Lost In Space Premiering April 13 On Netflix
Netflix has officially announced Lost In Space, a “modern reimagining” of the 1960s version of the same title. The premise of both is the same, set 30 years in the future when space colonization is a reality. The Robinson family are one the families tested to be one of these colonizers. The specific planet is not mentioned, though in the original show it was a planet circling the star Alpha Centauri.
A planet that does not exist in real life, as far as we know. Alpha Centauri is part of the closest solar system to ours, however, it is one of three suns in that system.
Alpha Centauri is the largest of them and the other stars reside in the Goldilocks zone of Alpha Centauri. Meaning that a habitable planet sharing that orbit would burn to a crisp before it has much of a chance to form.
But this is space! Anything can happen! Including the Robinson’s ship suddenly veering off course and but the end of it, they are light years from Alpha Centauri. They land on a foreign planet and they are on their own in terms of survival and surviving each other.
This includes the nefarious characters Dr. Smith (as played by Parker Posey) and Don West (as played by Ignacio Serricchio). Dr. Smith has charisma points through the roof, he is “a master manipulator with an inscrutable end game.” West, a blue-collar contractor, is the only one that has no intention of joining the colony in the first place. Though he certainly didn’t want to crash land on some unknown planet either.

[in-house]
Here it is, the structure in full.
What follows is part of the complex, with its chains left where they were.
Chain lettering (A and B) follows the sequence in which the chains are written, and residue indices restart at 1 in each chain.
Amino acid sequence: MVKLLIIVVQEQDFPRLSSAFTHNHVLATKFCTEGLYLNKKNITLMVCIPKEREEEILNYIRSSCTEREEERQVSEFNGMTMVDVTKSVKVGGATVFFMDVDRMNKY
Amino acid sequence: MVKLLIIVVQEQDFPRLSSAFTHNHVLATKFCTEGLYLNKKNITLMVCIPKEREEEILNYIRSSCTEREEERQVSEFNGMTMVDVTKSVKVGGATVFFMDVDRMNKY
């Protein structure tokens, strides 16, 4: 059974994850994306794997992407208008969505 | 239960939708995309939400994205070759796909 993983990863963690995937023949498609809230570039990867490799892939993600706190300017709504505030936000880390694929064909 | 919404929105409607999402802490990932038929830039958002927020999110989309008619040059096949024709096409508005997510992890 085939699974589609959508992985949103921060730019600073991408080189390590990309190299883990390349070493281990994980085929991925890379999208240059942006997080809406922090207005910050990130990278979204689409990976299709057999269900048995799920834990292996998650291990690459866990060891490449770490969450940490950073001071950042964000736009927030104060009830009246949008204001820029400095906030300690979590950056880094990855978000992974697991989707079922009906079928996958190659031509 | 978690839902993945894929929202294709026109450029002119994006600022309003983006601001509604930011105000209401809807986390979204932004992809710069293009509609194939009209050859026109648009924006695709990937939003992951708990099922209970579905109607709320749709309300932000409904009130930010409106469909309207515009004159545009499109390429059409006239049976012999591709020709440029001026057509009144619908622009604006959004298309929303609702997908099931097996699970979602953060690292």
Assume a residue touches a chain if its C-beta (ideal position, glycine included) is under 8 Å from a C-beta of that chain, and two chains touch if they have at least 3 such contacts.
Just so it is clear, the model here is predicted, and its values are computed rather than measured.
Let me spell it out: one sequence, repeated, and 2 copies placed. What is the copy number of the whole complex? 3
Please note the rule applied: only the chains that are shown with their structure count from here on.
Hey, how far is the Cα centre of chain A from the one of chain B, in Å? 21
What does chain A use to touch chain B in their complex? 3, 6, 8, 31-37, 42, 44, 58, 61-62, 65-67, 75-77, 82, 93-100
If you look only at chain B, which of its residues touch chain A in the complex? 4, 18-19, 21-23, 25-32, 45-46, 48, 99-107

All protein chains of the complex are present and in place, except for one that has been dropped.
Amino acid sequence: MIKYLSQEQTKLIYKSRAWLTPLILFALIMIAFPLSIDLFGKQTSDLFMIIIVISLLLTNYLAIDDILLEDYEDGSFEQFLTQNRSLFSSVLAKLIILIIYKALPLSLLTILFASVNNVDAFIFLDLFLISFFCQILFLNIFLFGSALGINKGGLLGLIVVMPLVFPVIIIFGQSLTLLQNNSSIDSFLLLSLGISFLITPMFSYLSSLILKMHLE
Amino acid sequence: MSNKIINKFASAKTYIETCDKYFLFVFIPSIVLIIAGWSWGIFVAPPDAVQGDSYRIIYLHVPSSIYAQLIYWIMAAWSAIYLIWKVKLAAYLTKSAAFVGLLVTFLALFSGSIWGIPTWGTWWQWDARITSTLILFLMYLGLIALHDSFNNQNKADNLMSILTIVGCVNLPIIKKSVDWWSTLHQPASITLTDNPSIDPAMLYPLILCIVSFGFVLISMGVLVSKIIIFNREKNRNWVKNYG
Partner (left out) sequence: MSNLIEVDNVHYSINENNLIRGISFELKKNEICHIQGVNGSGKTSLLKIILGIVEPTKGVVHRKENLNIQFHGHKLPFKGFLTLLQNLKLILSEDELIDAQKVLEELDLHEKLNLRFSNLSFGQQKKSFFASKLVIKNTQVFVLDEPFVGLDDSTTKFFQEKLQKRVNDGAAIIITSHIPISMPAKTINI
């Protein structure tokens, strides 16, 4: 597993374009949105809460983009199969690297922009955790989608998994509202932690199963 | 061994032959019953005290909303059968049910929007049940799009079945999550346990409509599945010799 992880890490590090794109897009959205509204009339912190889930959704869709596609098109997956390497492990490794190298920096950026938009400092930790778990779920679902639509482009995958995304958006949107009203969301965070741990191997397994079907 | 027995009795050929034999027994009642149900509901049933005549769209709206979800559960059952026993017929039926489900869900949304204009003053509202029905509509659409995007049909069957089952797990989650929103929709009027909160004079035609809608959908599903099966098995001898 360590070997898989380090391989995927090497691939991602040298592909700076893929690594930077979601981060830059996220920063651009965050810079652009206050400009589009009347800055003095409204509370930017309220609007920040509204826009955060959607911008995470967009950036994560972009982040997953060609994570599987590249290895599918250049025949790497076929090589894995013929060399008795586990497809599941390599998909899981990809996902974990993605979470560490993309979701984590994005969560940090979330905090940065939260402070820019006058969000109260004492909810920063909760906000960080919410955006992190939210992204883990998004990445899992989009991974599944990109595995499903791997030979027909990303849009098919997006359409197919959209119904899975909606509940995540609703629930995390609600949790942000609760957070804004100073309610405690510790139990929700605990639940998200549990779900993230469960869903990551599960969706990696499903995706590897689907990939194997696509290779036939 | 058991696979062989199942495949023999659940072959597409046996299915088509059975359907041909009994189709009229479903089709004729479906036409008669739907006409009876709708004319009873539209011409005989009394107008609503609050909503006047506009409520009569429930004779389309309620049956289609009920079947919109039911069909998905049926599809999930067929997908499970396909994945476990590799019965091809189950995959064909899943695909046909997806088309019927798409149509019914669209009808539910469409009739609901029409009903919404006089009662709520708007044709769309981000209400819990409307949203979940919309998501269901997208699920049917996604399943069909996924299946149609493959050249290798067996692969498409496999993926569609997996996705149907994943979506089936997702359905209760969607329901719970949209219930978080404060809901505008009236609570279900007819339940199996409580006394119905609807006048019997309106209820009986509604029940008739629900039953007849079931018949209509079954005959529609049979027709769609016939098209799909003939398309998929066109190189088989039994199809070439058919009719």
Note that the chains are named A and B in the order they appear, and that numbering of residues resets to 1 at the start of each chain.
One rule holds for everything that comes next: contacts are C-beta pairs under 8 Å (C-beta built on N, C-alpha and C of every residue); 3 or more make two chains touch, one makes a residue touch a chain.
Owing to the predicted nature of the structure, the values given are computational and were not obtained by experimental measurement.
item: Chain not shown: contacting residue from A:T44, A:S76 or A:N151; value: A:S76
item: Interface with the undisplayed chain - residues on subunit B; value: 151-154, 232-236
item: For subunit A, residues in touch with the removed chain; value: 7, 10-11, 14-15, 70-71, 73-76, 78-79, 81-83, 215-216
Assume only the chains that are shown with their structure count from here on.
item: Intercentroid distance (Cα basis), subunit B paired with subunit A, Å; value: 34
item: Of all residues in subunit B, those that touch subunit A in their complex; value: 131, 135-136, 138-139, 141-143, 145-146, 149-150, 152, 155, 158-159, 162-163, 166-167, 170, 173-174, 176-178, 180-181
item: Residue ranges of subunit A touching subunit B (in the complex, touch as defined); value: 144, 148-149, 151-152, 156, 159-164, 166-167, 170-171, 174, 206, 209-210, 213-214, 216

Whether the family of Robinsons are innocent or not is debatable, even if they brought their three children along. Dr. Smith, at least in the original, is probably the most interesting character to watch. He acts both the coward and charismatic leader whenever it suits him.
Do you think Lost In Space needed to be reimagined from the original? Will this help renew interest in the original or will it give the newer generation a chance to get to know a modern version of the series? Let us know your thoughts in the comments below.